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Monkeypox: a detailed profile of the disease

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  • Monkeypox: a detailed profile of the disease




    Physicians and scientists from the Institut Pasteur, the Pasteur Network and ANRS | Emerging Infectious Diseases have conducted a review of the medical and scientific literature about monkeypox. The review, which paints a complete picture of the disease, was published in the New England Journal of Medicine on October 26, 2022. What are the signs of this disease? Where does it come from? How is it transmitted? Which populations are affected? How can we contain this type of emergence? While exploring these questions, let’s also review related projects (as AFRIPOX) supported by the Institut Pasteur and its partners.

    Monkeypox is caused by the monkeypox virus, which belongs to the same family as the smallpox virus. After initially occurring in animals in Africa (especially squirrels and rats), the virus now circulates in humans. Diseases that follow this pattern of interspecies transmission from animals to humans are known as emerging zoonoses. Monkeypox is transmitted through contact with skin lesions or infected bodily fluids. The disease is primarily characterized by a skin rash which lasts for one to two weeks. In the vast majority of cases it clears up on its own, and severe forms are rare, occurring mainly in children and immunocompromised patients. The name of the disease can be a source of confusion: although the monkeypox virus was initially isolated in a monkey colony, it is probably transmitted to humans from rodents in African tropical rainforests (see the Monkeypox fact sheet). However, the precise animal reservoir(s) have not yet been formally identified.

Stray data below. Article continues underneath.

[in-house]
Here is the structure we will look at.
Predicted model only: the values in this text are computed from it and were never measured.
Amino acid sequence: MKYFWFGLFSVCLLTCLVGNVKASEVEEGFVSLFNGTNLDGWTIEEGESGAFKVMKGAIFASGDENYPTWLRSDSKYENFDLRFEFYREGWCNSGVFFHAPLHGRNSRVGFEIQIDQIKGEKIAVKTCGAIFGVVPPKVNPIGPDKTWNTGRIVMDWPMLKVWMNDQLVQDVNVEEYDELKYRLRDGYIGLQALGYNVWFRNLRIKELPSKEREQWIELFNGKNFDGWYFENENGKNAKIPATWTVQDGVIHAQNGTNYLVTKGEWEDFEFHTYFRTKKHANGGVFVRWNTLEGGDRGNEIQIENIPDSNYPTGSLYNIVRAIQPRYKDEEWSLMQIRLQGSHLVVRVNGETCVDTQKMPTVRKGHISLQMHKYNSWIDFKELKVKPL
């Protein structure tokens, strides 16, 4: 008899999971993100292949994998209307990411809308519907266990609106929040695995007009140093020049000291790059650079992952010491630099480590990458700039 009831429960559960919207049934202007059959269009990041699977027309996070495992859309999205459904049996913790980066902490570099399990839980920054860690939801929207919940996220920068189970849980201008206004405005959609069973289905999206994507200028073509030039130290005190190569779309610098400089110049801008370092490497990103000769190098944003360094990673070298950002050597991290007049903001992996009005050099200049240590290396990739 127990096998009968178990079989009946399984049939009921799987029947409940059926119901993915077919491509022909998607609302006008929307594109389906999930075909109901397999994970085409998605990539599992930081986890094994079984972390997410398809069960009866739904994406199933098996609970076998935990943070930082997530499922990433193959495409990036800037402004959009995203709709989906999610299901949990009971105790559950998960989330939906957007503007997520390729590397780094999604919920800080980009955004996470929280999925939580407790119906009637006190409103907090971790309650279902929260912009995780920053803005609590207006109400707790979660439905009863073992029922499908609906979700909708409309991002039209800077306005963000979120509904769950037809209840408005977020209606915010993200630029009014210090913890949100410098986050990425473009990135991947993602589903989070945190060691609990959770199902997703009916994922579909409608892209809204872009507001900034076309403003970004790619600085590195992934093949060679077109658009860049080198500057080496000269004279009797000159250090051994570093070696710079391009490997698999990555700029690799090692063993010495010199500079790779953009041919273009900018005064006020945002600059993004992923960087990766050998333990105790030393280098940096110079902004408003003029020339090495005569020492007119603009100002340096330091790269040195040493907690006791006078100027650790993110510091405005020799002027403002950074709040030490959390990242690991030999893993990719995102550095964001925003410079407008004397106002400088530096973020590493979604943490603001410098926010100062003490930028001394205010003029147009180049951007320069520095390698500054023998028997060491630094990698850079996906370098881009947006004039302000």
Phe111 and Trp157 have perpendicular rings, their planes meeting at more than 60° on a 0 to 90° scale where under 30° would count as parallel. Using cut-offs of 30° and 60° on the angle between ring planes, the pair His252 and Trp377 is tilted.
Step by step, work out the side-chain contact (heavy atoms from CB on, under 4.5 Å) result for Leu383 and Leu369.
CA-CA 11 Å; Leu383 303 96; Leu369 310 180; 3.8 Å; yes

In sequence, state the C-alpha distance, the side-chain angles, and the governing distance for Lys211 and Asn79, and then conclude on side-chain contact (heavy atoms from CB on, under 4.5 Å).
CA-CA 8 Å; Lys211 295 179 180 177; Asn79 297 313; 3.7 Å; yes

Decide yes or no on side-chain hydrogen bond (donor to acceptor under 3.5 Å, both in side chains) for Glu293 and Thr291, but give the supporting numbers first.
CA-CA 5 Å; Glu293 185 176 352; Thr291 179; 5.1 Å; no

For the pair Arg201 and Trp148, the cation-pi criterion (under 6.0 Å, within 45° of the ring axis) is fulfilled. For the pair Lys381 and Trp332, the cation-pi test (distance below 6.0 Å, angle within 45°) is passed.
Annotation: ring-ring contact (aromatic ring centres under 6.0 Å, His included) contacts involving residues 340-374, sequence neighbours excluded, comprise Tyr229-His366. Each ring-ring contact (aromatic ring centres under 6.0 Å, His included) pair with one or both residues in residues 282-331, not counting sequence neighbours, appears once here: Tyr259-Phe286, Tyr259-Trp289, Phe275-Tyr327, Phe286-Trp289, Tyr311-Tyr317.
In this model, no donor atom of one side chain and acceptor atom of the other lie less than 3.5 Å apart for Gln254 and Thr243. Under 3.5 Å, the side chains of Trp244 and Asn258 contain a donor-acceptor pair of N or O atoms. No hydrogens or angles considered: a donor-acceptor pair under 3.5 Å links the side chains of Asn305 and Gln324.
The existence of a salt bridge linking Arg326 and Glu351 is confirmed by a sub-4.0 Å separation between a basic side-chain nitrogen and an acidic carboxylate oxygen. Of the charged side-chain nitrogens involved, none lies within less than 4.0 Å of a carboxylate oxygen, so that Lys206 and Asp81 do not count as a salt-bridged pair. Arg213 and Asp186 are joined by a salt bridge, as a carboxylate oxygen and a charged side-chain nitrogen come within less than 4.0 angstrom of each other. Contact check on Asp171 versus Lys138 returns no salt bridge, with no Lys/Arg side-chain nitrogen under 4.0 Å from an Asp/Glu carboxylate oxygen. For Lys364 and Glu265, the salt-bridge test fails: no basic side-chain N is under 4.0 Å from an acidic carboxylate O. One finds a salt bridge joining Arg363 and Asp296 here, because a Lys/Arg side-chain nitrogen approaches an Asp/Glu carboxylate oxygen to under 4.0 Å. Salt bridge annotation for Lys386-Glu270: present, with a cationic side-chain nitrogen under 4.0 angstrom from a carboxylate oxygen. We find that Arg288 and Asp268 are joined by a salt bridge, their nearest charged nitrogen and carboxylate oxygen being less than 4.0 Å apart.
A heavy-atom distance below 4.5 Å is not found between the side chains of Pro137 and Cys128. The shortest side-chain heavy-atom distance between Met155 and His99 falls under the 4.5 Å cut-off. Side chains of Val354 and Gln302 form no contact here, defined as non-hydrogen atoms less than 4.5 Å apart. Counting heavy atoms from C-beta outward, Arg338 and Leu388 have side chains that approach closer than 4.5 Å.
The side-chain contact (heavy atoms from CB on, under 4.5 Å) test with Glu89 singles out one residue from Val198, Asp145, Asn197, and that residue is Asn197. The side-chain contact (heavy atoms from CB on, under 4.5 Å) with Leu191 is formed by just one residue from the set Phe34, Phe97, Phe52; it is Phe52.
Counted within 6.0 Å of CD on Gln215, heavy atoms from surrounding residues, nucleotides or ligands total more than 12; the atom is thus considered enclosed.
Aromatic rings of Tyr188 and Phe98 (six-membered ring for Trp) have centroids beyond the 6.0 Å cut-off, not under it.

A review of the scientific literature to understand monkeypox

    Three scientists have conducted a review of the medical and scientific literature to establish a comprehensive picture of the latest information about monkeypox:
    • Antoine Gessain, Head of the Institut Pasteur's Oncogenic Virus Epidemiology and Pathophysiology Unit and a member of the scientists' collective for the AFRIPOX project (see below);
    • Emmanuel Nakoune, Head of the Viral Hemorrhagic Fevers Department at the Institut Pasteur de Bangui and a member of the scientists' collective for the AFRIPOX project;
    • Yazdan Yazdanpanah, Head of the Infectious Diseases Department at Bichat Hospital, Paris (which received and monitored several monkeypox patients who were diagnosed in France from May 2022 onwards, when the current outbreak started), and Director of ANRS | Emerging Infectious Diseases.

    The main findings of their research, published in the New England Journal of Medicine on October 26, 2022, are summarized on the fact sheet at (cause, transmission, symptoms, diagnosis, epidemiology, prevention and vaccination, treatment and management).

    The scientists outline the context in which monkeypox first emerged. It is an emerging human infectious disease that originated in forested areas and was identified in humans for the first time in 1970 in the Democratic Republic of the Congo. Most cases have been reported in mainly rural areas and tropical rainforest regions in Central and West Africa. A few sporadic cases were identified in the United States from 2003 onwards, imported by infected animals or, from 2017-2018 onwards, by travelers coming back from endemic areas in West Africa.